Though the term fusion has come to mean a very specific thing in the minds of most, the truth is - all jazz is fusion. Always has been and always will be. Through the early stages which merged delta blues, European classical and local folk traditional sounds, through today’s varied jazz sounds that are made up of way too many influences to even begin to describe. I guess on some level all music is fusion, from classical to rock ‘n Roll.
With this said, on Picture This . . .
, Mr. Yavnai’s second release under which he puts his own eponymous stamp, he seems to beautifully fuse together the straight-forward acknowledgements of America jazz, along with his Middle-Eastern and South American roots. Mix in his obvious admiration for the Cuban traditional music and you have the foundation for his innovative sound. In a world where jazz is finally getting notoriety and distribution, Mr. Yavnai distinguishes himself by his level of creativity and willingness to take chances beyond what might be initially seen as commercially prudent. Just when you think something might be floating in the familiar, Mr. Yavnai takes off in an unanticipated direction. This is jazz - at it’s finest -- without sounding like every other jazz album.
Mr. Yavnai wrote or co-wrote eight of the ten songs on the album and shows himself to be quite an adept songsmith. My favorite is probably the title track, Picture This, though his rendition of Paquito’s Merengue and Bach’s Fugue no.7 in Eb Major is quite compelling and quickly endears the listener.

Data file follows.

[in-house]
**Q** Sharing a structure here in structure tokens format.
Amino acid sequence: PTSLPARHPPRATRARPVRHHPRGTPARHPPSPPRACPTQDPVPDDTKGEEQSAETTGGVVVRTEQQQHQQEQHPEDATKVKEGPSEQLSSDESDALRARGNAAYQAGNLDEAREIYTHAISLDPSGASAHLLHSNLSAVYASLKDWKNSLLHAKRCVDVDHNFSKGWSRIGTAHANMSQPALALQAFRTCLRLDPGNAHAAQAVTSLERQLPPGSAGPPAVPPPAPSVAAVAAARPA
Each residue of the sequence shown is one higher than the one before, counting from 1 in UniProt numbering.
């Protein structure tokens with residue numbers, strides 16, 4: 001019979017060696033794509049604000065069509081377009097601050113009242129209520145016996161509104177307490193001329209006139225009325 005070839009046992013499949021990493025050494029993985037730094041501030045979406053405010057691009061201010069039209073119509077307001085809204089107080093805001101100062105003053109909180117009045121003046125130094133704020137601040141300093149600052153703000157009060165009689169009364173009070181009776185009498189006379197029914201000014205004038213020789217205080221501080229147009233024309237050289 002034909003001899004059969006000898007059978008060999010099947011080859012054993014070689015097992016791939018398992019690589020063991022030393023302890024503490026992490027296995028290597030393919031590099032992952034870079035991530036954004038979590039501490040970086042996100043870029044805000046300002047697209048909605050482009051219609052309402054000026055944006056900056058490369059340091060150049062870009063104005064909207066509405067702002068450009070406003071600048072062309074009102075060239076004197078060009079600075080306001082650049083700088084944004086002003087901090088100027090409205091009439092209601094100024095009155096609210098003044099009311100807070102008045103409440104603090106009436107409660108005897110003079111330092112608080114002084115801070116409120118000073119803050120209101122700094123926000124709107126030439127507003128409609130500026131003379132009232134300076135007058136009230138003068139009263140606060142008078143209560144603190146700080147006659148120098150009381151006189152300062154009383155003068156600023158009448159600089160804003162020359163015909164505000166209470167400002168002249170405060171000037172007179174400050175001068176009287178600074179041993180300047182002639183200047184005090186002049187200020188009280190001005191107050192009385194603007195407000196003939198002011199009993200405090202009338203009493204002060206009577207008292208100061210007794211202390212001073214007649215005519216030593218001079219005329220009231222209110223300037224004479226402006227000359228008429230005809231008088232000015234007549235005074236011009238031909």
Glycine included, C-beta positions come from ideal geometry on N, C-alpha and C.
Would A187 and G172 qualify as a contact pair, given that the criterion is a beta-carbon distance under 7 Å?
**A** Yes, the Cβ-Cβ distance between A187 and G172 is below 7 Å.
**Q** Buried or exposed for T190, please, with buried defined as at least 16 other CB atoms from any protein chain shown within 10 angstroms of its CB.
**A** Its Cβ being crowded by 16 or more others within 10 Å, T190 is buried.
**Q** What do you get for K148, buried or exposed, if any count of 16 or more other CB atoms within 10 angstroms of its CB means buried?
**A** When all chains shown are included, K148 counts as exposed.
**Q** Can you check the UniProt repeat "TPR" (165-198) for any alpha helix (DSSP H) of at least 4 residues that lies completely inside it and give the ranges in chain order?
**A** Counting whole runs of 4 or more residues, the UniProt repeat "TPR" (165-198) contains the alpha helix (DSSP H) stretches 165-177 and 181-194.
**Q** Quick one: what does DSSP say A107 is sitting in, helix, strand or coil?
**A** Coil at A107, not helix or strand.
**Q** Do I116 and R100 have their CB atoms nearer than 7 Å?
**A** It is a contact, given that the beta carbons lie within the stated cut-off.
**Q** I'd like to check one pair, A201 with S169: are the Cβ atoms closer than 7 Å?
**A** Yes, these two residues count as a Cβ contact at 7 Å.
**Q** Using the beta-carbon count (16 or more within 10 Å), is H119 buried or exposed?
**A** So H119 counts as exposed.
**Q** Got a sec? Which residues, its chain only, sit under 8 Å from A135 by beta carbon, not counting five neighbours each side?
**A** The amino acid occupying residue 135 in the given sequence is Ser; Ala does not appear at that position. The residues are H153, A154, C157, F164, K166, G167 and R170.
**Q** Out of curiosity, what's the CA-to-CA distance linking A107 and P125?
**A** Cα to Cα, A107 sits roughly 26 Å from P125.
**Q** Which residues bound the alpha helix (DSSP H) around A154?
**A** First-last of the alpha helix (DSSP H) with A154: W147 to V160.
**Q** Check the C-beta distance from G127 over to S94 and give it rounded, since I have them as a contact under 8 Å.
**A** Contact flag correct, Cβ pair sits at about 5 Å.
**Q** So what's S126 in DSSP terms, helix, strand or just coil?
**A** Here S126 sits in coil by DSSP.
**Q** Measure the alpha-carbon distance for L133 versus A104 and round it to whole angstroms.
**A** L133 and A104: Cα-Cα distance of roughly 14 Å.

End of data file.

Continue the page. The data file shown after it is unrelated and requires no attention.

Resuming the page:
Mr. Yavnai’s resume is impressive. Mr. Yavnai has spent the last few years as the primary pianist for Paquito D’Rivera and often also holds down the piano chores for violist Regina Carter. He is the winner of the 1996 Great American Jazz Piano Competition and has been in demand for many other artists’ live performances and has played on virtually dozens of albums in various genres. He has played with Yo Yo Ma, Freddie Hubbard, Marina Piccinini, the Boston Pops, Ravi Coltrane, Claudio Roditi, New York Voices, George Garzone, Oscar Sragnaro, Louis Hayes, Jay Leonhart, Mark Walker, Diego Urcola, Pernel Saturnino, Danny Gottlieb, John Benitez, Dafnis Prieto, Bob Moses, Orestes Vilato, Tania Libertad, Leny Andrade, Jay Ashby, Arturo "Zambo" Cavero, Carlos Hayre, Simon Diaz, Ben Tucker, Vic Firth, NDR big band (based in Germany), The Boston Virtuosi, Javon Jackson, Walfredo de los Reyes, Luciana Souza, Joe Morelo, Jim Chapin, and Leon "Ndugu" Chansler. Review by Larry Dane-Kellogg. Mr. Dane-Kellogg is a programmer/Disc Jockey on WHCJ 90.3 FM -jazz radio in Savannah, Georgia